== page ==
Sustainable architecture has been around for much longer than many people would think.
Though the industrial revolution brought new technologies into the mix and buildings for all purposes used materials that increased consumption of fossil fuels, previous architecture was, using a broad definition, generally sustainable.
Most buildings from antiquity were appropriately adapted to the climates in which they were built, and early civilizations proved ahead of their time in designing structures based on complex physical processes and relationships.
Now, however, sustainable architecture or, for the purpose of this post, what I’ll call solar architecture, is becoming mainstream as solar energy continues to demonstrate numerous environmental and economic benefits.
Here I take a look at the present and future of solar architecture: award-winning examples of solar-integrated sustainable architecture, massive monuments to the progress of solar, and futuristic homes and visionary towers that you won’t believe exist. Read on for some solar architecture inspiration.
1. Dragon-Shaped World Games Stadium in Kaohsiung, Taiwan
Image Credit: www.completesolar.com
If this solar-roofed stadium looks like an impressive architectural feat to you, it’s probably because the architect who designed it is the latest winner of the industry’s most coveted prize.
Toyo Ito, a 71-year old Japanese architect known for his abstract but beautiful architecture, won the 2013 Pritzker Prize for both his commercial designs as well as his work on communal centers in Japan following the 2011 tsunami.
The main stadium for the 2009 World Games in Taiwan seats 50,000 people and boasts 8,844 solar panels that generate 1.14 million kilowatts of electricity annually. This electricity powers 3,300 lights and two jumbo TV screens while the stadium is being used, and when it’s not, the solar array can power 80 percent of the surrounding neighborhood.
Officially, Ito’s coiling creation is the world’s largest solar-powered stadium, and its roof isn’t the only sustainable aspect of the structure. The building was built with 100 percent reusable materials and fluidly integrates public green spaces, bike paths, and an ecological pond.
If one thing’s for sure, this uniquely shaped stadium is a significant achievement both architecturally and environmentally, and it should have you questioning the limits of what pioneering sustainable architects such as Ito can come up with next.
2. Sanyo Electric Co.’s Solar Ark in Anpachi, Japan
Image Credit: www.inhabitat.com
Inspired by the vision of an ark embarking on a journey into the 21st century, the Solar Ark is located in the geographical center of Japan and is covered with over 5,000 solar panels that generate 630 kW of energy, or approximately 530,000 kWh every year.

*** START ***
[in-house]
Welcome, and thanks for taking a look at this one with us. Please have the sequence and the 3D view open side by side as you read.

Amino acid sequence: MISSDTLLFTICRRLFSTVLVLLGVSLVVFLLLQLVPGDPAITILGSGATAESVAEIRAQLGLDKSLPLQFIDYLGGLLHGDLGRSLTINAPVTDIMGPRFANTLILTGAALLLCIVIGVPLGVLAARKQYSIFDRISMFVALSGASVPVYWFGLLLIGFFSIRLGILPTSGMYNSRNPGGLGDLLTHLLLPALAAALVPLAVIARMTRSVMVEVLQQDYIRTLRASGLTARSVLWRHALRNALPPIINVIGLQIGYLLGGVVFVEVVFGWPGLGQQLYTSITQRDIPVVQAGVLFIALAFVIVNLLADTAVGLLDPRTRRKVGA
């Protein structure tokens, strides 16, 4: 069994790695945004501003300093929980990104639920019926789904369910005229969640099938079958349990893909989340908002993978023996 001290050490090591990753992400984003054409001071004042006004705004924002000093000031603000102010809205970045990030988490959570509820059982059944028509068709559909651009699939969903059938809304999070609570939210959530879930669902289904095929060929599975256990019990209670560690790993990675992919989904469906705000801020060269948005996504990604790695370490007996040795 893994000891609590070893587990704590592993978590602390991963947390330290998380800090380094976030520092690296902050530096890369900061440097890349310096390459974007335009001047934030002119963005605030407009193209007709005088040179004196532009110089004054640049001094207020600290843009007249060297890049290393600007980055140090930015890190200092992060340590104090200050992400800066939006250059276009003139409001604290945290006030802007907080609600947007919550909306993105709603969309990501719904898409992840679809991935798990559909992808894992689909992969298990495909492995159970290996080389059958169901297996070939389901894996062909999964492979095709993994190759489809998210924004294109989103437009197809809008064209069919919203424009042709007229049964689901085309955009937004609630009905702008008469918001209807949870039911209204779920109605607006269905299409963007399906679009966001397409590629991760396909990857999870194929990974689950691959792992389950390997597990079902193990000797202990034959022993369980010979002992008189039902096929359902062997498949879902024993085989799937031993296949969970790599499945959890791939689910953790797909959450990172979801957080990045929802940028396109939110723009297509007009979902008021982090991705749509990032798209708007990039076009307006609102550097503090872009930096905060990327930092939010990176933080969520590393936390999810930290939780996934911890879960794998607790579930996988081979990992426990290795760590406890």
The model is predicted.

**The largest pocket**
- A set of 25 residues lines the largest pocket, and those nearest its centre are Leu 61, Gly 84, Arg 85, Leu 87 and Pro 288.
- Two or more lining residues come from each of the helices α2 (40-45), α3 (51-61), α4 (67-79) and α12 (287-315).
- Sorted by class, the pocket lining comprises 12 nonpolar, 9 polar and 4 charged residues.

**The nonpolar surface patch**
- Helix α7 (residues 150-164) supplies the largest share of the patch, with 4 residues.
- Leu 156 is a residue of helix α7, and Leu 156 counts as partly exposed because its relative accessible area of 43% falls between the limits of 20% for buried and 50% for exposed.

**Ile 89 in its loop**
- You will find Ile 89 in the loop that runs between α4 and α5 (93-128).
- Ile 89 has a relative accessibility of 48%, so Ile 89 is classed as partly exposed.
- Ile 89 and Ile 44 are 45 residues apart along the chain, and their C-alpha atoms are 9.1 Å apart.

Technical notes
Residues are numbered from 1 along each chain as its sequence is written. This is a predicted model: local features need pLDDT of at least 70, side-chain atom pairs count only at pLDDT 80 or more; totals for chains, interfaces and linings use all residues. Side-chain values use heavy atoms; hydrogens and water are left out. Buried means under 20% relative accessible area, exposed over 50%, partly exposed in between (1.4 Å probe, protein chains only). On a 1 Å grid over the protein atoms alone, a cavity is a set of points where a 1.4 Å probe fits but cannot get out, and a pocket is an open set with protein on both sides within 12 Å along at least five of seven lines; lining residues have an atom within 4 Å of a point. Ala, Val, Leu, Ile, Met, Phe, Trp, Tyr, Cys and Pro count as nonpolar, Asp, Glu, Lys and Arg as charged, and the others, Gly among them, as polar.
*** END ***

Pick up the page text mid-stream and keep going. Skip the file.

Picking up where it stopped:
So how did such a strangely shaped solar structure come to be? Actually, the Solar Ark was built in part due to a big mistake. Sanyo, the company that built the ark, wanted to mark its 50th anniversary by building the largest PV system in the world (at that time, a 3.4 MW installation).
The company planned to use a hybrid system of crystal silicon and thin-film amorphous silicon cells, but the company faced a scandal over the insufficient output of its new technology and was forced to recall thousands of substandard cells. Sanyo, which was later acquired by Panasonic, decided to instead build a solar monument that would use the recalled technology.
Now, the 3,294 square meter Solar Ark houses a solar museum with multi-media exhibits, a solar lab, and space for hosting environmental and solar events. Though the structure came into being by accident, the Solar Ark is now a prominent landmark for sustainable architecture achievements.
3. FabLab House in Madrid, Spain
Image Credit: www.misosoupdesign.com
You may be wondering whether innovative solar / sustainable architecture has made its way into the residential sector. Though futuristic solar technologies like solar paint and windows are still in early stages of development, solar architecture has long been on display during the annual solar decathloncompetitions around the world.
The FabLab House is a perfect example of how solar architecture is being incorporated into residential design. The Institute for Advanced Architecture of Catalonia (IAAC) built this house for the 2010 Solar Decathlon in Europe. Visitors liked the otherworldly design so much it won the People’s Choice Award for the competition.